Below you will find 5 shell scripts that each run 2 different K (cluster) values 5 times each and outputs each run to a separate output file so that multiple runs can be easily compressed and loaded into the online Structure Harvester program.
In the next few weeks I will document the pipeline (and flag weird glitchy things) for SNP calling in the software package Stacks with the denovo method (no reference genome).
Step 1: Flip Reads
In a unix command line it would be:
flip_trim_sbfI_150821.pl barcodes.txt reads_R1.fastq reads_R2.fastq output1.fastq output2.fastq
barcodes.txt is just a text file with all the expected barcodes, one per line
reads_R1.fastq is the raw file of forward reads (fastq format, not gzipped)
reads_R2.fastq is the raw file of reverse reads
output1.fastq will be the output file of forward reads
output2.fastq will be the output file of reverse reads
From this point it should be ready to go into process_radtags in STACKS. Check to make sure it's working before moving on though (ie. the output files should have 80-90% or more of the number of lines of the input files).
For running on a server that utilizes "slurm" (Simple Linux Utility for Resource Management) you must schedule your job to run with the "sbatch" command. You will need to have a script (save it as flipRADreads.sh) that you will launch by typing
The script will look something like:
#SBATCH -N 4 # nodes=4
#SBATCH --ntasks-per-node=8 # ppn=20
#SBATCH -J flip_HT03 # job name
#SBATCH -t 48:00:00 # 14:00 is 14 min walltime
#this loads Environment Modules
module load openmpi
# cd /directory/where/datafiles/are/stored
#barcodes.txt is just a text file with all the expected barcodes, one per line
#reads_R1.fastq is the raw file of forward reads (fastq format, not gzipped)
#reads_R2.fastq is the raw file of reverse reads
#output1.fastq will be the output file of forward reads
#output2.fastq will be the output file of reverse reads
Step 2: Check to ensure >80% of reads are retained
To make sure that flipping of the reads was executed correctly you should check to make sure that at least 70% of the reads were retained. To do this you can simply count the number of lines in the original raw sequence files and compare them to the output flipped files. Each sequence read takes up 4 lines in the .fastq file so you will need to divide the number of lines by 4 to get the number of sequence reads for the before and after files. Then simply divide the number of lines in the flipped file by the number of reads in the original raw file and multiply by 100 to get the % of reads retained.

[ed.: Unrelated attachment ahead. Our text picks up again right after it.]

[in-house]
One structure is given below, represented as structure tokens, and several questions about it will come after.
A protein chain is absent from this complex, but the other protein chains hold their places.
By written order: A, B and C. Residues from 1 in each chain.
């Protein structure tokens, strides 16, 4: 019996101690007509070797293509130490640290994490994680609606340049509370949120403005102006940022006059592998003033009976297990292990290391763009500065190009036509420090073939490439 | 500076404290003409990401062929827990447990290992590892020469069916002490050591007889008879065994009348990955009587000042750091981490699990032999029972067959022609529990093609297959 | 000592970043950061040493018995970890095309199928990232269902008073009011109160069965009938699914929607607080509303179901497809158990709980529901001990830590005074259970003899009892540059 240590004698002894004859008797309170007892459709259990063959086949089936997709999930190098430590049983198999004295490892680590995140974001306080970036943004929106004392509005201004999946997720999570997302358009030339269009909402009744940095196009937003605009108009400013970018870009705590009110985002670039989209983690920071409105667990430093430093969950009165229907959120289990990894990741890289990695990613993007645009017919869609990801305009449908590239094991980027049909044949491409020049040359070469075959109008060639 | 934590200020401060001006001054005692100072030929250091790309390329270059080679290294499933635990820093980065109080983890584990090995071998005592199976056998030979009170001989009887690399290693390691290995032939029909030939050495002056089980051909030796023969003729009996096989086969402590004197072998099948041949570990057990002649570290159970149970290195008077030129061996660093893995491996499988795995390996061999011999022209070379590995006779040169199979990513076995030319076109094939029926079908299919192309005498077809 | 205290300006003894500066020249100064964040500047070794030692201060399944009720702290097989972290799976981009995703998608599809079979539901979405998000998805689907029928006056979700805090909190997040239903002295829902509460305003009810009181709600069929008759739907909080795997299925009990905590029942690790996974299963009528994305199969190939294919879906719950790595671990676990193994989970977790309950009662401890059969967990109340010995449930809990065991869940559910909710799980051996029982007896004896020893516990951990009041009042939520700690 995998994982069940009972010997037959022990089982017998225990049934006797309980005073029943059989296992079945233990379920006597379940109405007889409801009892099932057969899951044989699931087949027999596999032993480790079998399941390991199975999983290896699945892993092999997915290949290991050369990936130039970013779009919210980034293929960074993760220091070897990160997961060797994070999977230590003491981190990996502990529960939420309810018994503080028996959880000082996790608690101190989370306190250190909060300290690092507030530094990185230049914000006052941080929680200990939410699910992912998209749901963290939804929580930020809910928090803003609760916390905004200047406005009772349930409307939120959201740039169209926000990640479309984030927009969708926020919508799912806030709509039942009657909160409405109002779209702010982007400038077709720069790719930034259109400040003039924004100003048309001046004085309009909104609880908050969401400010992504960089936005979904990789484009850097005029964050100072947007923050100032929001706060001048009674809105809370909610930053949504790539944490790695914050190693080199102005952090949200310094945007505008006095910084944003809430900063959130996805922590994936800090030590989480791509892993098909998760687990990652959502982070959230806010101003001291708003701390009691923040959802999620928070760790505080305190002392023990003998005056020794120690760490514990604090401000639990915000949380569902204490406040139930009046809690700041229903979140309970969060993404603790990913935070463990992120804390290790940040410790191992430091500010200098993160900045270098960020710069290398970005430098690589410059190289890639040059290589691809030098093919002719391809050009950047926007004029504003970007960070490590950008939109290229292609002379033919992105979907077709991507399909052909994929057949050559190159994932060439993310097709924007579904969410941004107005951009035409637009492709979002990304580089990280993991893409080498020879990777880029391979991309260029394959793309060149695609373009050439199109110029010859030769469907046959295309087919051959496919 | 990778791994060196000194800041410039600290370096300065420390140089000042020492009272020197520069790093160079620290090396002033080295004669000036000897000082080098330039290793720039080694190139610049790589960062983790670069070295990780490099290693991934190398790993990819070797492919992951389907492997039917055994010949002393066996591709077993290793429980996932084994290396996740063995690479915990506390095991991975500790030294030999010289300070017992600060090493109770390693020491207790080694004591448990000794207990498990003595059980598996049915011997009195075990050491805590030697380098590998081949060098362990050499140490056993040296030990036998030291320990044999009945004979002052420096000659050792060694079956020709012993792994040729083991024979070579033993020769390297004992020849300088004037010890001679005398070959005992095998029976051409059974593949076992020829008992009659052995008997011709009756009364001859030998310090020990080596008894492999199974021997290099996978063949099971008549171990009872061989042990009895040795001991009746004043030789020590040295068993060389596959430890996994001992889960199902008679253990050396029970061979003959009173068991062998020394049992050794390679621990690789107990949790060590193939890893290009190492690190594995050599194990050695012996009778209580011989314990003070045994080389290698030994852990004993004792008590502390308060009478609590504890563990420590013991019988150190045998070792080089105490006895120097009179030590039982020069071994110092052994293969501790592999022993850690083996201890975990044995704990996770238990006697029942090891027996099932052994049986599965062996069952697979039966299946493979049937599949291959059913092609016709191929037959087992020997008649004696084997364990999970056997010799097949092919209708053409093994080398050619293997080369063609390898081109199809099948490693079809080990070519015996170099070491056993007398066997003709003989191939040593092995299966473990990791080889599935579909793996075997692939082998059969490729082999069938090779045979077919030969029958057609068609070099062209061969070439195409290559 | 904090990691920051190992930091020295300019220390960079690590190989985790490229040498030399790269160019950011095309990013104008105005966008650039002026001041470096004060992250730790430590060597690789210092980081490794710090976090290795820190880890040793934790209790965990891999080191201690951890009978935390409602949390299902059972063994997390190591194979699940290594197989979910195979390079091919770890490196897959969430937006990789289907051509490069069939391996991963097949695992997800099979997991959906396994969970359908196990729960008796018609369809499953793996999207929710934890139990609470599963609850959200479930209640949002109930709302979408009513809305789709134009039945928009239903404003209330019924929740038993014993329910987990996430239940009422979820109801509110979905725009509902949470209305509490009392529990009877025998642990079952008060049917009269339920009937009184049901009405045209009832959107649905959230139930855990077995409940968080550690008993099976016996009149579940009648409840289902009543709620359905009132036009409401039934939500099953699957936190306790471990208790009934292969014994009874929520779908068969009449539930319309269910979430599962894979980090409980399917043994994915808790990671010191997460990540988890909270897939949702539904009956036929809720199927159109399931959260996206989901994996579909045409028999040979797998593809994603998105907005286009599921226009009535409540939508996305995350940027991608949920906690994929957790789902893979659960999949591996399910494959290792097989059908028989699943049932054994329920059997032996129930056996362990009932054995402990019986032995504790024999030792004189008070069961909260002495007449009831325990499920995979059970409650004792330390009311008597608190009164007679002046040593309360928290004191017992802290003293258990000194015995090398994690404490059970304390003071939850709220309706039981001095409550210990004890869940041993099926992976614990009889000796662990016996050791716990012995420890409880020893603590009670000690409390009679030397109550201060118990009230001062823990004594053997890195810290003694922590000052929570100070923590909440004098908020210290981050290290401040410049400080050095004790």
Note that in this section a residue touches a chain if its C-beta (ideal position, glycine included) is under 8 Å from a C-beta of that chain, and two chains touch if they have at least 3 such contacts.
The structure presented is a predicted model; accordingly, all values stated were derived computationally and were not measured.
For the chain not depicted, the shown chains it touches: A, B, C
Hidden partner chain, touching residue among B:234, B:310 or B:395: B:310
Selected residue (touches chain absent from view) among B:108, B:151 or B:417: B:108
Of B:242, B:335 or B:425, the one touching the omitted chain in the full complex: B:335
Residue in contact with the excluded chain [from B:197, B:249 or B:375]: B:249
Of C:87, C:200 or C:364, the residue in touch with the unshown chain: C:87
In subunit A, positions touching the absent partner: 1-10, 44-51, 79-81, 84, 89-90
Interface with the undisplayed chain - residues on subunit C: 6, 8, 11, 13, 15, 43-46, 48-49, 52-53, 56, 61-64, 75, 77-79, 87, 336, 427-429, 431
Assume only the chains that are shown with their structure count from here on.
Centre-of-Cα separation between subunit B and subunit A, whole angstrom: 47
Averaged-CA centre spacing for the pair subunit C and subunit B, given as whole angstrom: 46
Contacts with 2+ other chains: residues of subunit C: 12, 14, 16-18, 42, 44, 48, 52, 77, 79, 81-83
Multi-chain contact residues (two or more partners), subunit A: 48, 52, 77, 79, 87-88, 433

In general you can use the #wc [options] filenames to do many of these types of simple tasks.
wc -l : Prints the number of lines in a file.
wc -w : prints the number of words in a file.
wc -c : Displays the count of bytes in a file.
wc -m : prints the count of characters from a file.
wc -L : prints only the length of the longest line in a file.
# To get the number of lines in a file then simply type:
$wc -l filename.fastq
Step 3: Process Radtags
Prepare a barcode file in the following format with barcode in the first column and sample ID i nthe second:
Create a "sample" directory in Stacks. this will be the output directory for process_radtags.
run the following bash script:
#SBATCH -N 1
#SBATCH -J process_radtagsRobins1
#SBATCH -t 48:00:00
./process_radtags -1 /directory/forwardinputfile.fastq -2 /directory/reverseinputfile.fastq -o directory/samples1/ -b /directory/SampleBarcodes.txt -e sbfI -r -c -q -D
Step 4: Check process_radtags.log
Open the process_radtags.log to assess individual sequence calls and to remove any bad samples from downstream processing.
#how to get STACKS on Cluster
tar zxvf stacks-1.29.tar.gz
module load samtools/0.1.19/x86_64
./configure --prefix=/home/directory/stacks-1.29 #use the path where you want it installed
make #this may give you an error, if so, skip to next step
#to run anything, you need to be in the bin directory
#this will show you all the stacks commands, in order to use any of them, you need a ./
The new RAD-sequencing protocol is now available in Genetics
RAD Capture (Rapture): Flexible and Efficient Sequence-Based Genotyping.
Omar A. Ali, Sean M. O'Rourke, Stephen J. Amish, Mariah H. Meek, Gordon Luikart, Carson Jeffres, Michael R. Miller
GENETICS December 29 , 2015 vol. (Early Online January 1 , 2015); DOI: 10.1534/genetics.115.183665
These posts are intended to document my workflow as I handle and manipulate genomic data within the Mac OSX terminal window. The data processed here are from the Illumina platform.